Identity theft is a buzzword in our society. Many policies and procedures are being adopted to try to deal with it, and people are now willing to go to great lengths and tolerate rather unbelievable conditions in order to protect themselves. I have always found this to be a bit silly. That is, until I experienced the problem of stolen identity first-hand.
One afternoon when my wife was out of town, I decided to log into our online banking system and make sure we had sufficient funds to go camping that weekend, when she would be returning from her business trip. As I ran through the list of charges on our checking account, I saw one charge that was rather puzzling, $1 charged to something called true.com. I wondered aloud what this could be and quickly opened a new browser tab, typing “true.com” into the address bar with anticipation and more than mild concern.
True.com is a dating website, which seemed rather odd for my wife and I to be paying for. After having a very awkward conversation with her, I contacted my bank about these charges. The short version of this story is that someone got my debit card number and the required information to use it, set up an account on true.com, then quickly changed their mind and closed the account before any charges were accrued. Luckily, I noticed this and was able to cancel the debit card before additional, more problematic charges could be incurred.
This is, sadly, an all too common tale with a conclusion that is far happier than some that I have heard on the subject. And although it may not seem so at first glance, the pervasiveness of this problem has a significant impact upon our ability to be morally upstanding people. The ever-present threat of identity theft literally forces us to be suspicious of others, especially people that we do not know. Our ability to trust others is an essential aspect of our everyday ethical behavior, though this is not obviously the case.
It seems that acting morally involves determining and then doing the right thing, whatever that may be in a given situation. However, a powerful motivator for many people to do the right thing is the knowledge that others will do likewise in similar circumstances. Not everyone is compelled to act morally for the sake of doing so, and many people find morality to be a necessary evil, albeit one that they readily comply with because they have this confidence that others will do the same. But what if this confidence were weakened? Would these individuals still act morally if they did not have confidence that others would reciprocate?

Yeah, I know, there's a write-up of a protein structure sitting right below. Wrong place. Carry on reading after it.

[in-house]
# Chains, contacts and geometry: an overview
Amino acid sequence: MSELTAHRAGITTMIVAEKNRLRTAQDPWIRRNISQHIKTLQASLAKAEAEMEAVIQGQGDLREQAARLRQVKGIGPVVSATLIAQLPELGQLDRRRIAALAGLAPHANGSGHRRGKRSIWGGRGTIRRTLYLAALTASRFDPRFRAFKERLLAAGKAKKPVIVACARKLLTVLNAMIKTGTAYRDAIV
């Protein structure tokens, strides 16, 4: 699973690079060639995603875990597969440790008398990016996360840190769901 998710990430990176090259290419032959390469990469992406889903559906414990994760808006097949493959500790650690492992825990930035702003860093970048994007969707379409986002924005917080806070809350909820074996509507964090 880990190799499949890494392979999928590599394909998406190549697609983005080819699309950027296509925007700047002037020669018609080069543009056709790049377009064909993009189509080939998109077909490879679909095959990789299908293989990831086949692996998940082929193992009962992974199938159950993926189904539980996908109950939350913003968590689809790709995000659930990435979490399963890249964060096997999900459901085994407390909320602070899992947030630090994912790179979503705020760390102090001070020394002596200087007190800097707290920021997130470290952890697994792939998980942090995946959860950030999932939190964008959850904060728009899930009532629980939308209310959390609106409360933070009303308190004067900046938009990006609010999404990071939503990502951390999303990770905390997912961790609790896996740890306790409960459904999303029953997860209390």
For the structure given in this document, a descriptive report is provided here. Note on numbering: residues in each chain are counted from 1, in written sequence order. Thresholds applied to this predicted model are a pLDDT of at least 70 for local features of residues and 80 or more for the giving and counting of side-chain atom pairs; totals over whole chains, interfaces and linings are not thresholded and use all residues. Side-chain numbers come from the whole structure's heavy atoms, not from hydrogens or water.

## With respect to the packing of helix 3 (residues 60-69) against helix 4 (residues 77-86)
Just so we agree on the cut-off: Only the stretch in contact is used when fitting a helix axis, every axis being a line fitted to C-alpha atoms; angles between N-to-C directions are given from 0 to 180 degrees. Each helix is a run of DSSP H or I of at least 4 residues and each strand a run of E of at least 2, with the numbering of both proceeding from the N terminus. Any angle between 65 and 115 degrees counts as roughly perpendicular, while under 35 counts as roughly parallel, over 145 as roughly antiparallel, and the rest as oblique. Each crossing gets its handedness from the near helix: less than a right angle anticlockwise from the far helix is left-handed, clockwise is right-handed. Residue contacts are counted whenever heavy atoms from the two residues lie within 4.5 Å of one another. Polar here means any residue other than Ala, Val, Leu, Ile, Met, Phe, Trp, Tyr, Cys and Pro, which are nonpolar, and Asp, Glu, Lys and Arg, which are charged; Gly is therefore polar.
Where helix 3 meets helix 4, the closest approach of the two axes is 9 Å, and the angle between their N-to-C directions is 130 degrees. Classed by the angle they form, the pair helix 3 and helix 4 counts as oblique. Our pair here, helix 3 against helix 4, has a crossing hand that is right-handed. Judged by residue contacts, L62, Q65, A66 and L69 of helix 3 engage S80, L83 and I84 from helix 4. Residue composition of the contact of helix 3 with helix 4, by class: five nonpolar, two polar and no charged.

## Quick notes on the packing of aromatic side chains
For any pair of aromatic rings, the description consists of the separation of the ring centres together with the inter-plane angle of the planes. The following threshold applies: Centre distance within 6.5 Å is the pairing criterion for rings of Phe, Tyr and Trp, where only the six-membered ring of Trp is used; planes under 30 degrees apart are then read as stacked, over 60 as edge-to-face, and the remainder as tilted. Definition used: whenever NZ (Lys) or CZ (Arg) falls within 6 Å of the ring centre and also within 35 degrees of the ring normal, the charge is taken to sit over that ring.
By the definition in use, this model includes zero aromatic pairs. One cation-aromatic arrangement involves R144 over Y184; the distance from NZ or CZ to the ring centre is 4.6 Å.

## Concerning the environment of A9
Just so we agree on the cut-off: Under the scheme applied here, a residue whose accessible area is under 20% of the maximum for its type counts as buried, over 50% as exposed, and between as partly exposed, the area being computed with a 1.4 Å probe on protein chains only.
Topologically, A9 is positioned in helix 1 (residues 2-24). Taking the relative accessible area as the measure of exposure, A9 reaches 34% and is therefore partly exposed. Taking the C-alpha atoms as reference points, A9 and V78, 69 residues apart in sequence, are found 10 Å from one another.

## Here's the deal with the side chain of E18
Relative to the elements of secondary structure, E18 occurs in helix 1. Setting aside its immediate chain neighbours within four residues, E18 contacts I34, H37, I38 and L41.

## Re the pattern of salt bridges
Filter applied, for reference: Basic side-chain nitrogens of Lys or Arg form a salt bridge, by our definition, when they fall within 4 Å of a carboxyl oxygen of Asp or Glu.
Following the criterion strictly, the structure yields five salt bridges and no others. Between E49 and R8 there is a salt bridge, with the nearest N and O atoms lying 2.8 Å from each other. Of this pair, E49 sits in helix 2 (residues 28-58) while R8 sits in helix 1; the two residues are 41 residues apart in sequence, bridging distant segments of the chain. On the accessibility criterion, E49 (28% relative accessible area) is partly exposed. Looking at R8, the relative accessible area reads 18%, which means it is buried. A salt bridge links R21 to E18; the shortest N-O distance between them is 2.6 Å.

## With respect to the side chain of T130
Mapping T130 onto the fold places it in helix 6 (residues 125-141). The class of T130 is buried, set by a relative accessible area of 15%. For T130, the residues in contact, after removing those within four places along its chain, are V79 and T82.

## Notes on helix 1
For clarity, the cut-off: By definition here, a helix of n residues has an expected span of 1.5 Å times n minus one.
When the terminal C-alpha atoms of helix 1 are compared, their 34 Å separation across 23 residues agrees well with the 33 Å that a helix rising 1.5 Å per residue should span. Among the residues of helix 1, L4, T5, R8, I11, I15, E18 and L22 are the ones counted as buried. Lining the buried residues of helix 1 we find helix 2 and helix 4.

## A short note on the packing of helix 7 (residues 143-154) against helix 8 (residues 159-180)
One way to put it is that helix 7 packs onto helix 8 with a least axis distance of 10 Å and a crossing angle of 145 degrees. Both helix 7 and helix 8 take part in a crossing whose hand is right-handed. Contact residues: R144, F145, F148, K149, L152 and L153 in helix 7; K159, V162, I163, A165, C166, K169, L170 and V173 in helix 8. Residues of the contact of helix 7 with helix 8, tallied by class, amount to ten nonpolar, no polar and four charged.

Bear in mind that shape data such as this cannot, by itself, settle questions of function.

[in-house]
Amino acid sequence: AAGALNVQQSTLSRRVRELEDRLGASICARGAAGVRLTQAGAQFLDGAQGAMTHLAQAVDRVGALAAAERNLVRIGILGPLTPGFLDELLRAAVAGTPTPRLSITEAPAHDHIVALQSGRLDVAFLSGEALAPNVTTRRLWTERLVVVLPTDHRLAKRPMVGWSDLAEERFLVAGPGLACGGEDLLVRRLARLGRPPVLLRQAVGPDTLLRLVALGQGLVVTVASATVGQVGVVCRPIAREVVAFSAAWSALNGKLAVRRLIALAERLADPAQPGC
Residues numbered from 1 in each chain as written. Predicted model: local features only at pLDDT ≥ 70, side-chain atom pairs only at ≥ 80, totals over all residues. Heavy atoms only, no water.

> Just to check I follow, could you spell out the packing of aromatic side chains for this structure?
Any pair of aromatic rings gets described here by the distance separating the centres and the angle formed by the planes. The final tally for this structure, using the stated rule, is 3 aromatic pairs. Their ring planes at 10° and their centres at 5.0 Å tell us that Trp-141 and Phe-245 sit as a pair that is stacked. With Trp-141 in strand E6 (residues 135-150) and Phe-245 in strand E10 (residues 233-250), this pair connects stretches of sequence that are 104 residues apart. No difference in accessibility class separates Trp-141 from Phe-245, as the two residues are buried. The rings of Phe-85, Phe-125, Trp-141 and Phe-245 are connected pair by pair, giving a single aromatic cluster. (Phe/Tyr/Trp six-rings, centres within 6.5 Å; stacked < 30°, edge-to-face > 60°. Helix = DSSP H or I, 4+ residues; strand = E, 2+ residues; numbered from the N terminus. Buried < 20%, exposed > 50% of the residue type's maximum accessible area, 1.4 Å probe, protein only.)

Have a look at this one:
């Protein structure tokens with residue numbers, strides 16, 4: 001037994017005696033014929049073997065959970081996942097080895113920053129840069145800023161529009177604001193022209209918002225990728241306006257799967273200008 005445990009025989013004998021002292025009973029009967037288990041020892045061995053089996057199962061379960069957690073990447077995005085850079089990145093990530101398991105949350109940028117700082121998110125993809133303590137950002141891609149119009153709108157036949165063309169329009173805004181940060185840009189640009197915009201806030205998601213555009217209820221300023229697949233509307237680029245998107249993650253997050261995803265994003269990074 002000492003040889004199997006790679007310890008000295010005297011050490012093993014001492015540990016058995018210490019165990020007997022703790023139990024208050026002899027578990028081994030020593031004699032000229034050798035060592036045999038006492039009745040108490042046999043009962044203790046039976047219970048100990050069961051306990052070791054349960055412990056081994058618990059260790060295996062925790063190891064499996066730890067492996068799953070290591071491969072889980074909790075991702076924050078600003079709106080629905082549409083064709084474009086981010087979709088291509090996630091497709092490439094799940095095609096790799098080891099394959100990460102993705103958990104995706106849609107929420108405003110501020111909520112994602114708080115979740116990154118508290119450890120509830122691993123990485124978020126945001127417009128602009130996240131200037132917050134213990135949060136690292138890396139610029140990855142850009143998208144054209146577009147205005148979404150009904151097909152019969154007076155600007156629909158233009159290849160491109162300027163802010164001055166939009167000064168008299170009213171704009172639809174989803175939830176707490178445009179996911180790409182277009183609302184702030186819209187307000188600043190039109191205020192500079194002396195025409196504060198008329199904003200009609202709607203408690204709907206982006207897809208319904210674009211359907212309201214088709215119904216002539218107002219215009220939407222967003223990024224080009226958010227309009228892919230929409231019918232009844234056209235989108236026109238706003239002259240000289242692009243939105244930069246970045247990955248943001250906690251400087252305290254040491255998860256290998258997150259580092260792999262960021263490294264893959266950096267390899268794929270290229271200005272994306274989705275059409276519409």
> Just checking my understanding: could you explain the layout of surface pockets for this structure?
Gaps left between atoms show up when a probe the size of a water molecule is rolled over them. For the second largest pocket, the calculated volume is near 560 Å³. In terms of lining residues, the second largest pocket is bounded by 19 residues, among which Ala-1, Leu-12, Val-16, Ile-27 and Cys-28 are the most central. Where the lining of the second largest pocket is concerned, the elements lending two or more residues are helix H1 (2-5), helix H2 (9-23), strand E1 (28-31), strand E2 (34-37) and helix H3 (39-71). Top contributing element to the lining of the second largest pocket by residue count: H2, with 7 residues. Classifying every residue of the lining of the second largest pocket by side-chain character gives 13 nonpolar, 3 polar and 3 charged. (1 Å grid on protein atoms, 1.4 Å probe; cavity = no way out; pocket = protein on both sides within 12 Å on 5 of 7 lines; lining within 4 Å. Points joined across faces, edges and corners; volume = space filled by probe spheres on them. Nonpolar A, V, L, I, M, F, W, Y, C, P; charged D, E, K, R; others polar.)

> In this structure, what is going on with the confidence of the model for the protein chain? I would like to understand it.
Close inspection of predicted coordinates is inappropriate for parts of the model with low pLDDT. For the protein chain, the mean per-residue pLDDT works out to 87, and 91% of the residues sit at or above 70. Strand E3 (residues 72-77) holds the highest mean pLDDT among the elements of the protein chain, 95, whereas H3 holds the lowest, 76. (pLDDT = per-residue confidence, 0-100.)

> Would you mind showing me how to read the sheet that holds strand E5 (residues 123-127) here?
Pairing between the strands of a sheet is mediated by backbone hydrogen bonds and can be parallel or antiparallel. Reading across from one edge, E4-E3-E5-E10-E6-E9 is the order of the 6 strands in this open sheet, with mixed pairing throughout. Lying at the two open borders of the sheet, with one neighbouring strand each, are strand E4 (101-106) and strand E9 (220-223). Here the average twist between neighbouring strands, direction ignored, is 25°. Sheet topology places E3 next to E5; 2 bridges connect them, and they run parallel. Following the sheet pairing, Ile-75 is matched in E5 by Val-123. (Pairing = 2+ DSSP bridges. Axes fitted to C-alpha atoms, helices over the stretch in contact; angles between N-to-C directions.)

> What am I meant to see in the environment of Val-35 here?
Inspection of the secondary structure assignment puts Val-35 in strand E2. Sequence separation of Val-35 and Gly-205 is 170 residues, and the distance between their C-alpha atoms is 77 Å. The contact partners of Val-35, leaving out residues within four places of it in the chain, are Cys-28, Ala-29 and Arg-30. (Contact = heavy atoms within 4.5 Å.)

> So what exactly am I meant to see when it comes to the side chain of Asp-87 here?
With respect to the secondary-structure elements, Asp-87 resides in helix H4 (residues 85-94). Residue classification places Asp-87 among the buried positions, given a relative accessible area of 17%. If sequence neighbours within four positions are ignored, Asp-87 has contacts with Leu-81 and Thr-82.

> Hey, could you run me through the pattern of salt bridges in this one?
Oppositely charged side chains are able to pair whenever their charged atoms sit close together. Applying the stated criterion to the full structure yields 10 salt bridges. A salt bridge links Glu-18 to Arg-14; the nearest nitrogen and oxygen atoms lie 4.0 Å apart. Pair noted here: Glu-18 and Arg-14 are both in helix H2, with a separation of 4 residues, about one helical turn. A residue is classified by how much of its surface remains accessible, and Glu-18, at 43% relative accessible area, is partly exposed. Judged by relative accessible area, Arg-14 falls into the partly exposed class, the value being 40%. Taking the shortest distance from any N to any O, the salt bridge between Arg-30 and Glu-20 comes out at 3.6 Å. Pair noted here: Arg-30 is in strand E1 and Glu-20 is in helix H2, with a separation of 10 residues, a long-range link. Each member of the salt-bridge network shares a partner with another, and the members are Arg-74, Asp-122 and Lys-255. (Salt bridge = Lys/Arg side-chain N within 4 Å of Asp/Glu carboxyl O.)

The answer to this question seems to be no. Many philosophers, including Thomas Hobbes and David Gauthier, have argued that morality is something of a maximizing strategy that we all participate in because the results are better than if we do not do so. On this account, our motive to be moral relies crucially on our ability to trust that others will also be moral. If this trust is lost, our best bet is to maximize our own well-being, even at the expense of others.
Luckily, most of us will not be sent into moral nose-dives due to problems like identity theft. We will certainly be cautious about our personal information, and will likely submit to annoying and time-consuming safeguards that seem rather pointless despite their necessity. What we must not do, however, is allow this scourge to excessively harm our ability to trust others. As long as we continue to have some faith in our fellow man, the moral life is still worth living.
About the Author
Elijah Weber is a graduate student at Bowling Green State University. He holds a Master's degree in philosophy from Colorado State University, and Bachelor’s degrees in sociology and philosophy from Chapman University. He currently lives in Ann Arbor, Michigan with his wife Laura, his son Brandon, and two cats.